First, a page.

von Stengel’s solution is that Player I’s optimal strategy does not depend on the number

 and so is also the solution to the problem when Player I is not informed of Player II’s

undetected actions. Other interesting papers in this regard are those of Diamond [4] and

Ruckle [13]. For a survey of this area, see Avenhaus et al. [1] and [2].

    2. Description of the Problem.

    Sakaguchi’s problem, in which Player II may act more than once, may be extended to

arbitrary 0 ≤ q ≤ 1 as follows. If we let   denote the number of times that II may act, and

n and k are as before, then, denoting this game by Γ(n, k, ), the structure may be written

                                                   act                   wait
                                                                                 
                      inspect        1 + Γ(n − 1, k − 1, − 1) Γ(n − 1, k − 1, ) 
       Γ(n, k, ) =                                                                     (5)
                      don’t inspect       Γ(n − 1, k, − 1)       Γ(n − 1, k, )

for 1 ≤ k ≤ n − 1 and 1 ≤ ≤ n − 1. The boundary conditions are

                        (a)     Γ(n, 0, ) = (0)     for 0 ≤ ≤ n

                        (b)     Γ(n, k, 0) = (0)    for 0 ≤ k ≤ n
                        (c)     Γ(n, n, ) = ( q)    for 0 ≤ ≤ n                          (6)

                        (d)     Γ(n, k, n) = (?)    for 1 ≤ k ≤ n − 1.


In the case q = 1, it is natural to replace the question mark by k. In Sakaguchi [14], the

problem is solved in this case. (A change of location and scale and the interchange of the

roles of Players I and II is required to put his problem into the above form.) In Sakaguchi

[15], this problem is studied for both q = 1 and q = 1/2, but for some reason, the question

                                              4
mark in the fourth boundary condition is not specified. Therefore in his Theorem 2 for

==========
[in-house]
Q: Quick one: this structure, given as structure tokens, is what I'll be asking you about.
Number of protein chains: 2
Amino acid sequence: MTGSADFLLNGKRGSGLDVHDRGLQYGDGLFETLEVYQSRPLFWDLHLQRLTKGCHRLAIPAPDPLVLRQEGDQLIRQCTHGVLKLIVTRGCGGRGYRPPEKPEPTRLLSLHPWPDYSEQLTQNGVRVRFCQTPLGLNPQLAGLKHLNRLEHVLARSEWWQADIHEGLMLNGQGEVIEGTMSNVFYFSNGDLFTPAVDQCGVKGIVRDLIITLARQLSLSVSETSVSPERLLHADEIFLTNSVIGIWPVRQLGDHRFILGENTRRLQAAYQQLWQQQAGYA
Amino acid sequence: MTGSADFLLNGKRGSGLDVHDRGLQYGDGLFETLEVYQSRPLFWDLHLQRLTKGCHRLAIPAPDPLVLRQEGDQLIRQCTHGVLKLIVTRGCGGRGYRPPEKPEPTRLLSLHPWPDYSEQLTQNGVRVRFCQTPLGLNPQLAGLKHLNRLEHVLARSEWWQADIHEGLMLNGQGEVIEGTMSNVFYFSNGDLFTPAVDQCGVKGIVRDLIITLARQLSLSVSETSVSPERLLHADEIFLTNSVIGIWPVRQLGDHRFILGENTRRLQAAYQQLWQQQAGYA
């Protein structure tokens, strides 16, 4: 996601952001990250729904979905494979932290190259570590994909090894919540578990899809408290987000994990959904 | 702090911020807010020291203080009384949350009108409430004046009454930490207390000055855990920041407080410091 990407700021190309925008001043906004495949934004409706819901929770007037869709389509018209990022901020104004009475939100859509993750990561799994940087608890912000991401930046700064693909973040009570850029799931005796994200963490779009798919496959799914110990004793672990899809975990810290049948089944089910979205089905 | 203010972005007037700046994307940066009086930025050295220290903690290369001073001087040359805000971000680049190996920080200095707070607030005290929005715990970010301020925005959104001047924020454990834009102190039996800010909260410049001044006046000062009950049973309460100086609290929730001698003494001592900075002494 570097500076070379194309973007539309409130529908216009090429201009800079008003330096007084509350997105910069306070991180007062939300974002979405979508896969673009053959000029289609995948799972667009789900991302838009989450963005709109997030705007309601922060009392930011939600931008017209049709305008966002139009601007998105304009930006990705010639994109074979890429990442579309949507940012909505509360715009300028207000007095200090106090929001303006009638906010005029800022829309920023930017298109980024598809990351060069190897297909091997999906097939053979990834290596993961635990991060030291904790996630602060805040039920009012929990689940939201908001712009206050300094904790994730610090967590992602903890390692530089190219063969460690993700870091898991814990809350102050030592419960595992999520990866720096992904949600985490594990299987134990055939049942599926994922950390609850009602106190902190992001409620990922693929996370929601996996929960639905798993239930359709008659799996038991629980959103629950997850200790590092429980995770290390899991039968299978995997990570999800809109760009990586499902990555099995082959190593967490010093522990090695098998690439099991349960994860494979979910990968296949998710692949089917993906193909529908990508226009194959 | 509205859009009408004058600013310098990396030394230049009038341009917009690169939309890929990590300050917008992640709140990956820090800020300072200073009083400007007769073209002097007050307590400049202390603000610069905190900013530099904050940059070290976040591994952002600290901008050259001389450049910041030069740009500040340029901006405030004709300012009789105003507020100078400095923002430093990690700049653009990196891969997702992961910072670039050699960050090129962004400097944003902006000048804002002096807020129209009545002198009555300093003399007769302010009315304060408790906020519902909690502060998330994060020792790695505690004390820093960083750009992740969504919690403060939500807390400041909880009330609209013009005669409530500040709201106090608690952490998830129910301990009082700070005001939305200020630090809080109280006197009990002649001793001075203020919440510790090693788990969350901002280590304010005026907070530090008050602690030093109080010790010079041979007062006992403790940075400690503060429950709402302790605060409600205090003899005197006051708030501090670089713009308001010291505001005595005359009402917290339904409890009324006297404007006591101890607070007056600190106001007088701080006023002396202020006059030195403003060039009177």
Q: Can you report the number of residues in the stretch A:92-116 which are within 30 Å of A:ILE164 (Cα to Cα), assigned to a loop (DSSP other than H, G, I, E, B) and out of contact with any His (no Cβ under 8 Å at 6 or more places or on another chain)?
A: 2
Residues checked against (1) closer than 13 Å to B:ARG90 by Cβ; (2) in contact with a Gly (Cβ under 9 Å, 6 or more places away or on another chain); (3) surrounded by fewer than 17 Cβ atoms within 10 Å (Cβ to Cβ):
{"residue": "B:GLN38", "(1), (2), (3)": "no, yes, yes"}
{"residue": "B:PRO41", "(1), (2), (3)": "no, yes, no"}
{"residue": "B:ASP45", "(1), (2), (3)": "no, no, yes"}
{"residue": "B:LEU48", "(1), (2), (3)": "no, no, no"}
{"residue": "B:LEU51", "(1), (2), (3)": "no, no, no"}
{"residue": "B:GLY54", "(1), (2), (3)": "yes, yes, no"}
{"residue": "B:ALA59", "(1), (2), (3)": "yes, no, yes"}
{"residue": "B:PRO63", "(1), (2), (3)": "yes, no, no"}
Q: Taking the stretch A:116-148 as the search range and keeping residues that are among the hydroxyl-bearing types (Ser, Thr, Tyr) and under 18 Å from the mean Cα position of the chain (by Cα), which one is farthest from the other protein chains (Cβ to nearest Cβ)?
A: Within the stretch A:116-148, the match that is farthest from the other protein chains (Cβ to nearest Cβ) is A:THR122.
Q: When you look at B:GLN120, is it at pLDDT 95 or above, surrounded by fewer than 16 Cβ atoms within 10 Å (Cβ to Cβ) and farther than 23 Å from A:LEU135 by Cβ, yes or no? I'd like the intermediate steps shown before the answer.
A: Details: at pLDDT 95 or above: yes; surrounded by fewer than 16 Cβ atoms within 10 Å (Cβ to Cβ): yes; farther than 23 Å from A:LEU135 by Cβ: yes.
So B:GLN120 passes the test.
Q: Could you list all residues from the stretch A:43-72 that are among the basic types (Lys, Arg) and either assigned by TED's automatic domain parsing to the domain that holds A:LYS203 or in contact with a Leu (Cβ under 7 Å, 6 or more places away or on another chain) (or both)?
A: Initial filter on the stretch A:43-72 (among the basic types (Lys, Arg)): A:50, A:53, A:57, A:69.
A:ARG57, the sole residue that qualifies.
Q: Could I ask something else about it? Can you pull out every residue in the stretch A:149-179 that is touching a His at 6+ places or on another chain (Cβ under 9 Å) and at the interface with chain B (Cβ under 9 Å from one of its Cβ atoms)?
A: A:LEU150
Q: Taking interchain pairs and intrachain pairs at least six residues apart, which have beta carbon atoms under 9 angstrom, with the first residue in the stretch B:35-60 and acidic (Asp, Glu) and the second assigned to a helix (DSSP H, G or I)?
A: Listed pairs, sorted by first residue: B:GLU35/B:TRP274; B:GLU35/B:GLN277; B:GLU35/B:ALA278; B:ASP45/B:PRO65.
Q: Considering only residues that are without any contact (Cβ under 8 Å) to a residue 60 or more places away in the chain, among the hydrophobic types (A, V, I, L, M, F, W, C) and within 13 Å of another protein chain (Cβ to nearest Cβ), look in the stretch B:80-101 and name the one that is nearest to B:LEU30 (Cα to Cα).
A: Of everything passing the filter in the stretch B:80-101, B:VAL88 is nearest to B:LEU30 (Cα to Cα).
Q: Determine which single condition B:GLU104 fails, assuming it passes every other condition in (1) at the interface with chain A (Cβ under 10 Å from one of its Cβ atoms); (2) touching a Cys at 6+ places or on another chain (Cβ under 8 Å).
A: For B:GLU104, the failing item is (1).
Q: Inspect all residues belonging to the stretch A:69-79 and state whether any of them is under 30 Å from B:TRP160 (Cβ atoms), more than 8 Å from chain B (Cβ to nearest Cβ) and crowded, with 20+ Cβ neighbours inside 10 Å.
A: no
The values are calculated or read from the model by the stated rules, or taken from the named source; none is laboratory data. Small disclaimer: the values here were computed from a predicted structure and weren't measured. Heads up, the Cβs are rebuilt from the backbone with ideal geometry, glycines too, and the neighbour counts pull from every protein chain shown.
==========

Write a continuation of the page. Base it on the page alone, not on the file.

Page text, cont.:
the case q = 1/2, the solution he gives is just one of many possible solutions. It is the one

that corresponds to the boundary condition,


                     Γ(n, k, n) = (nV1/2 (n, k))       for 1 ≤ k ≤ n − 1.                   (7)


where V1/2 (n, k) is the value function of the solution for the case        = 1 and q = 1/2

displayed in (3) or (4).

    Sakaguchi finds that the value of this game is         times the value when   = 1, for both

q = 1 and q = 1/2, the latter under the conjecture that all the games have completely
mixed strategies. In Lemma 1 below, we show this conjecture is true and in Theorem 2

we show that Sakaguchi’s result holds for arbitrary q when the question mark in (6) is

replaced by nVq (n, k).

    However, a much more natural way of specifying the values of Γ(n, k, n) is to assume
that the cost q is always assessed for each of the      actions that is not taken. Since Player

II may take at most one action per stage, we have Γ(n, k, n + ) = q + Γ(n, k, n) for all
 ≥ 0. Therefore we may specify the Γ(n, k, n) indirectly through the recursive equations

                                          act                           wait           
                inspect        1 + Γ(n − 1, k − 1, n − 1) q + Γ(n − 1, k − 1, n − 1) 
 Γ(n, k, n) =                                                                         (8)
                don’t inspect       Γ(n − 1, k, n − 1)       q + Γ(n − 1, k, n − 1)

for 1 ≤ k ≤ n − 1, with boundary conditions


                           Γ(n, 0, n) = (0)        Γ(n, n, n) = (nq).                       (9)